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From Fiji Times Online (27 April 2012)

I treat them like my own

by Solomoni Biumaiono

VILIAME Katonivualiku never knew what was in store for him and his family when he was posted to Rotuma to teach at Rotuma High School.

This was two years ago. The Naduri, Macuata native felt right at home, among his fellow teachers, students and the island lifestyle.

After graduating from the then Fiji College of Advanced Education in Nasinu, Viliame had always been transferred to familiar places in and around the northern and the central divisions, teaching there.

Some years back, following the change in the retirement age for civil servants, Viliame found himself transferred to Rotuma ù he had to take his whole family with him.

Even though he is hundreds of miles away from home and familiar surroundings, Viliame took it all in his stride and has even become accustomed to life on Rotuma.

"It's just like Fiji, the weather but the land here is very fertile and food is abundant and agricultural produce is very cheap and the scenery is very beautiful but one thing though, tinned and processed food is very, very expensive," he says.

But he found the change in lifestyle has done him good and he is happy that he has managed to absorb and live the island life.

"The people are good to be around and they're very cultured and respectful and I found it easy to adapt as there was no language barrier.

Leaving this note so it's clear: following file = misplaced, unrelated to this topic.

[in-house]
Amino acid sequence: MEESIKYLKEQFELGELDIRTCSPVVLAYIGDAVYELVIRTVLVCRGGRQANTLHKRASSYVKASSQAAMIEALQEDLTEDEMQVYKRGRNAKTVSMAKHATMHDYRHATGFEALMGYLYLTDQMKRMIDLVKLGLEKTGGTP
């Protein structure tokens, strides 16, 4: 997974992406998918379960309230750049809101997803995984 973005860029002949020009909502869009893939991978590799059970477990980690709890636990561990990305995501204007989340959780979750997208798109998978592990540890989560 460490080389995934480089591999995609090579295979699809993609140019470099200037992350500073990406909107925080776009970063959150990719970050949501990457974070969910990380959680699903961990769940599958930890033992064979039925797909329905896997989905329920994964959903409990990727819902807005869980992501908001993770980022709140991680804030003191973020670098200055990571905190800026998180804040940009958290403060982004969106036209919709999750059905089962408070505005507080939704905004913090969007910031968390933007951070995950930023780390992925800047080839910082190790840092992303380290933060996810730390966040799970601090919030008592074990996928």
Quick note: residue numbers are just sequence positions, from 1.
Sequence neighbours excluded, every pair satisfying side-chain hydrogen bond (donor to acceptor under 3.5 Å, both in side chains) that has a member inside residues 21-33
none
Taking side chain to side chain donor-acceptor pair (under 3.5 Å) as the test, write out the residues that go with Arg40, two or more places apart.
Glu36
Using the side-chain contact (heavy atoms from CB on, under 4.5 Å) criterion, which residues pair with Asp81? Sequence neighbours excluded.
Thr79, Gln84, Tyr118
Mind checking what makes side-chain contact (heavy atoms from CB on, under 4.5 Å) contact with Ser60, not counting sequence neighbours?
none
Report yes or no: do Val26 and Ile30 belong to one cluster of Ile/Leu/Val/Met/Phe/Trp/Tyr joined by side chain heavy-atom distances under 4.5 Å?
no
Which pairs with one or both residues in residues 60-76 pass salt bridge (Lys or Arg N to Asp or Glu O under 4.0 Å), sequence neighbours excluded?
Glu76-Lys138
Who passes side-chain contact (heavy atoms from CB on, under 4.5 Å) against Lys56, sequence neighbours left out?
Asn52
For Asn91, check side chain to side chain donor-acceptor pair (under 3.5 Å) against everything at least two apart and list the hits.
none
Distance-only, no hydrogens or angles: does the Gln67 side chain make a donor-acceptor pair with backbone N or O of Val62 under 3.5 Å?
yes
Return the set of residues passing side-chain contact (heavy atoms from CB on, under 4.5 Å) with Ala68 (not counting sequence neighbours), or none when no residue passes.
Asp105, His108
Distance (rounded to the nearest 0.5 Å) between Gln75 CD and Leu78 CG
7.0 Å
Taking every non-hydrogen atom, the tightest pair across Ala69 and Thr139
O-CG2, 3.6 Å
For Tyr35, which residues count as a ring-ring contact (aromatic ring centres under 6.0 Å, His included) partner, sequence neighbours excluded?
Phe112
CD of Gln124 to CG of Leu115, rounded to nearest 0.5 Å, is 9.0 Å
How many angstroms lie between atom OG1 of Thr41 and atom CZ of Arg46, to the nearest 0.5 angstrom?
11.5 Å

"In fact most of the Rotumans I meet know how to speak Fijian fluently," Viliame says.

He teaches English and Social Science at Rotuma High and takes students from the junior forms right up to the seniors.

Serving in one of the isolated outposts for civil servants, Viliame is more determined to be the agent of profound and positive change for his students, especially on the relatively isolated island of Rotuma.

That is why, this year, after a lapse of 11 years, Viliame is part of a group of teachers from the school who want to expose their students to the competitive world of sports representation, by participating in this year's Coca-Cola Games.

"The aim set by the teachers is to allow students to come and compete with students here in Fiji so they can learn to know where they are when in comparison to other students.

"Where we hope they will learn to be competitive and also, this is the start of a new beginning for our students," Viliame says.

Viliame hopes his students will rise to the challenge and for him, this is reward enough.

And he believes he can make a positive difference in the lives of the students, as this was the creed that he swore to, after studying to become a teacher.

"Being a teacher is a joy because students change and no two students are the same.

"The challenge of getting to know them, understanding them and dealing with them, you will never come across a student twice.

"The style of teaching and administration changes and I believe you will never be bored once because you face different students and challenges each and every year," Viliame says.

And as a father, teaching has become a passion because he treats his students the way he likes to treat his six children.

But to civil servants like Viliame, being hundreds of miles away from home is no mean feat but they have allowed themselves to work towards the betterment of their charges.